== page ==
High Cotton Brewing Co. will grandly open its Monroe Avenue Taproom Saturday at 4 p.m. with food, music, and the brewery's lineup of tasty (and even daring) beers.
The taproom has been under construction for months and will open pretty close to the brewery's first birthday. Anticipation for the event has been high.
Like Willy Wonka to the golden ticket winners, the High Cotton owners opened the taproom doors to the Memphis press Thursday. (No one got stuck in a tank of beer, turned into an enormous pint glass, and the bartenders did not sing self-righteous songs against gluttony or anything else.)
The taproom is located right across Monroe Avenue from Kudzu's, the Memphis institution known for live music and a laid-back attitude. One bartender remarked that the proximity will be great for any taproom guest looking for a cocktail and he pointed right across the street to Kudzu's.
The taproom itself is has a warm glow, lit by huge bay windows that face Monroe. It's also spacious with tons of room at the long bar (right out of a Hollywood western), and plenty of high-top and low-top tables. High ceilings make the whole space feel airy and comfortable. Not airy enough for you? High Cotton offers a big covered patio right outside the bar area for a good mix of light, breeze, and shade.
The taproom aesthetic is a spot-on blend of High Cotton's agrarian branding and good-time approach. Reclaimed wood surrounds guests from the tables, the walls, and the ceiling (much of the wood was reclaimed from older parts of the Cotton Exchange building). The wood, the concrete floor, and deliberately un-fancy fixtures create a back-to-basics vibe, bereft of modern-day distractions. It makes it easy to focus on good beer and good company.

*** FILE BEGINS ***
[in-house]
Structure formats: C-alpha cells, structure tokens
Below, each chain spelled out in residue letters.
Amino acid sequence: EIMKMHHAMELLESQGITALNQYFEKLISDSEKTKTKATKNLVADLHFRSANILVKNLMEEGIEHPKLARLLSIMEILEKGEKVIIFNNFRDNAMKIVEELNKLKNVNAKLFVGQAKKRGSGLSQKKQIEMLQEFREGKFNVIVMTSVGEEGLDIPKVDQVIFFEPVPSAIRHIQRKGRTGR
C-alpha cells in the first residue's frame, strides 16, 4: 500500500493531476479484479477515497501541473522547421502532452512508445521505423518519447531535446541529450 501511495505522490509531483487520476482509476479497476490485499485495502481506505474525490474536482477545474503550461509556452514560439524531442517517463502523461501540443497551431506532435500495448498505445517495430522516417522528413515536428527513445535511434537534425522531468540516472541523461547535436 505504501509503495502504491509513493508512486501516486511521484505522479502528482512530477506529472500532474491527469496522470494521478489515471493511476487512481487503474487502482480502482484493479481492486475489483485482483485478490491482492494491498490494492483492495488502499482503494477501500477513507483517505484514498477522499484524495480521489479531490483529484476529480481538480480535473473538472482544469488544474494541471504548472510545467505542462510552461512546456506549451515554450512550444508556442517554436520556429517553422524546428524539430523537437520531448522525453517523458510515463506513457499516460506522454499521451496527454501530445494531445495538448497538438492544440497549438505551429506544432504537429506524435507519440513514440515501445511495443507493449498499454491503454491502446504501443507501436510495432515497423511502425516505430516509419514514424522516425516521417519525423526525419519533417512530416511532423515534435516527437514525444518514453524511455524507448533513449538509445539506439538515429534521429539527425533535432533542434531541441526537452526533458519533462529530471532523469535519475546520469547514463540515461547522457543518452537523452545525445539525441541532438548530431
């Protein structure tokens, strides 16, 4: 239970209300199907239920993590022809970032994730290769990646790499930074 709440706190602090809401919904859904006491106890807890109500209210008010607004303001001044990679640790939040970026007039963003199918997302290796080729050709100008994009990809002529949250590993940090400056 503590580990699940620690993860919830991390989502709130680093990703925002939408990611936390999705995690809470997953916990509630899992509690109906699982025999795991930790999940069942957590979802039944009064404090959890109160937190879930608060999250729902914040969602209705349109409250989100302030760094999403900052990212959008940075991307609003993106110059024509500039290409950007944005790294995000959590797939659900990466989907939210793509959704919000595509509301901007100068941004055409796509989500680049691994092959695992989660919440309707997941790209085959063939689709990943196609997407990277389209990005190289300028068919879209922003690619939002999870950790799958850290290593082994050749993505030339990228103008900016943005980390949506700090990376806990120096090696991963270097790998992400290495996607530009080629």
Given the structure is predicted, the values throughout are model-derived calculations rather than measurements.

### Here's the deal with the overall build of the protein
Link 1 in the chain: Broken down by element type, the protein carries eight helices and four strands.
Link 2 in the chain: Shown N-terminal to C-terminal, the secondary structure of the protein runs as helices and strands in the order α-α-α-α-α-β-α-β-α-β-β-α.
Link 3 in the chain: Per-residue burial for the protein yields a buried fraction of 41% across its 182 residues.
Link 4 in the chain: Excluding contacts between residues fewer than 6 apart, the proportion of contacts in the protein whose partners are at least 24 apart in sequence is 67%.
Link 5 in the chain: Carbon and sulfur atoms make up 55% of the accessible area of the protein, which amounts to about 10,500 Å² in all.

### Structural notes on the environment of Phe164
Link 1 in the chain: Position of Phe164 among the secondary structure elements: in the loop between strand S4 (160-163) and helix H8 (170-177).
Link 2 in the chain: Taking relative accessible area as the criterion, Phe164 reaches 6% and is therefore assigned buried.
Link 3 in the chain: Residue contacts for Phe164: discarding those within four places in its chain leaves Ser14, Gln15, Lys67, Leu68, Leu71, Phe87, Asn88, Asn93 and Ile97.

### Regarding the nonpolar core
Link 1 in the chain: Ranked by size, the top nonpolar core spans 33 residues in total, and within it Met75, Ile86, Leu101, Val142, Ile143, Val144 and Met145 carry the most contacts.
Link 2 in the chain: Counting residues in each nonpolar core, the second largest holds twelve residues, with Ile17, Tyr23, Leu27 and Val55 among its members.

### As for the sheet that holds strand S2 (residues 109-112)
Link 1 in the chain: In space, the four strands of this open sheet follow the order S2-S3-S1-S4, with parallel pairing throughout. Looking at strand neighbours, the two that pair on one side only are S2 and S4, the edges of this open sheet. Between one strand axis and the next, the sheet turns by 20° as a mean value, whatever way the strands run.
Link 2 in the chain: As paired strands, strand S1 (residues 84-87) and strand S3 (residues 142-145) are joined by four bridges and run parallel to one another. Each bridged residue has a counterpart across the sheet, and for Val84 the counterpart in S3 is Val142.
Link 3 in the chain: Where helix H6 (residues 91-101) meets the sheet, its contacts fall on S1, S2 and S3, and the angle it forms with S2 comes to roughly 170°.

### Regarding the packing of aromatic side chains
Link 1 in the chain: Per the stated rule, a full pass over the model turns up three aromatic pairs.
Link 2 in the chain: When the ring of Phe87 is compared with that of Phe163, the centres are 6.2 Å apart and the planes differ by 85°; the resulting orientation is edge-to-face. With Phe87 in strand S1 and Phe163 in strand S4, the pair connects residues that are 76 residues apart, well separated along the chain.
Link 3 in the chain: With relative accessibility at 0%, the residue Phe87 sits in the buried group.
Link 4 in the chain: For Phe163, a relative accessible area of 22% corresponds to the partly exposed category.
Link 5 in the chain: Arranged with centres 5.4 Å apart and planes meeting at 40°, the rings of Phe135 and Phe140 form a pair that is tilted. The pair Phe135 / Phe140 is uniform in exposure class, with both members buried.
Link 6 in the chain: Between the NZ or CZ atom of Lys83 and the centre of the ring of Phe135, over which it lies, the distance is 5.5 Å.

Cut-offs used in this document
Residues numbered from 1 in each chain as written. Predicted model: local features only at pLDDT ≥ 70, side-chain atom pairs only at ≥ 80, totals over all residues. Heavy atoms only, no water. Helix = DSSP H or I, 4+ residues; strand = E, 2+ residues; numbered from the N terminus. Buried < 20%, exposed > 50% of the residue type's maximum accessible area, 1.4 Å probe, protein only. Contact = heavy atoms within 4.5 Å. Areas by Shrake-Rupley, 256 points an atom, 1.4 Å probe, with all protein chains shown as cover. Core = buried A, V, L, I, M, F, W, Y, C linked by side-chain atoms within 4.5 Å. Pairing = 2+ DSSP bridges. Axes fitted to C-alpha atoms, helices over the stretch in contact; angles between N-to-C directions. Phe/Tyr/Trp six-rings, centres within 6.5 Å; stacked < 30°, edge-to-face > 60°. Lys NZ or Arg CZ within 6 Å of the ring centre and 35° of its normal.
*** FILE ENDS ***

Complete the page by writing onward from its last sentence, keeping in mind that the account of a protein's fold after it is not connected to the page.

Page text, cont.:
A giant, light-bulbed sign that reads, "BEER!," makes it easy to find High Cotton's main event behind the bar. The company's beer has been in Memphis restaurants and bars for a good long while now and many by now are familiar with its mainstay Biere de Garde, ESB, Saison, or Scottish Ale. All of those are present on the tap wall at the Monroe Avenue Taproom, of course.
But High Cotton has always had the creative space to try something different. On tap Thursday was the brewery's delicious, refreshing, and rose-colored Sow & Reap Saison made with with cherries and smoked beets. Try it. You'll like it, especially in the heat. Owners said to expect a wide array of limited-edition beers at the taproom as seasons change or bolts of creativity strike them.
Saturday's grand opening will feature music from Dead Soldiers and food-truck food from Rock 'n' Dough and Stickem. Doors open at 4 p.m. and close at 10 p.m.
High Times At High Cotton
High Cotton invited the Memphis press for a preview of its new taproom.
Cafe Pontotoc, so named because it's near the corner of Pontotoc and S. Main, will open in mid- to late-June, according to owner Milton Lamb.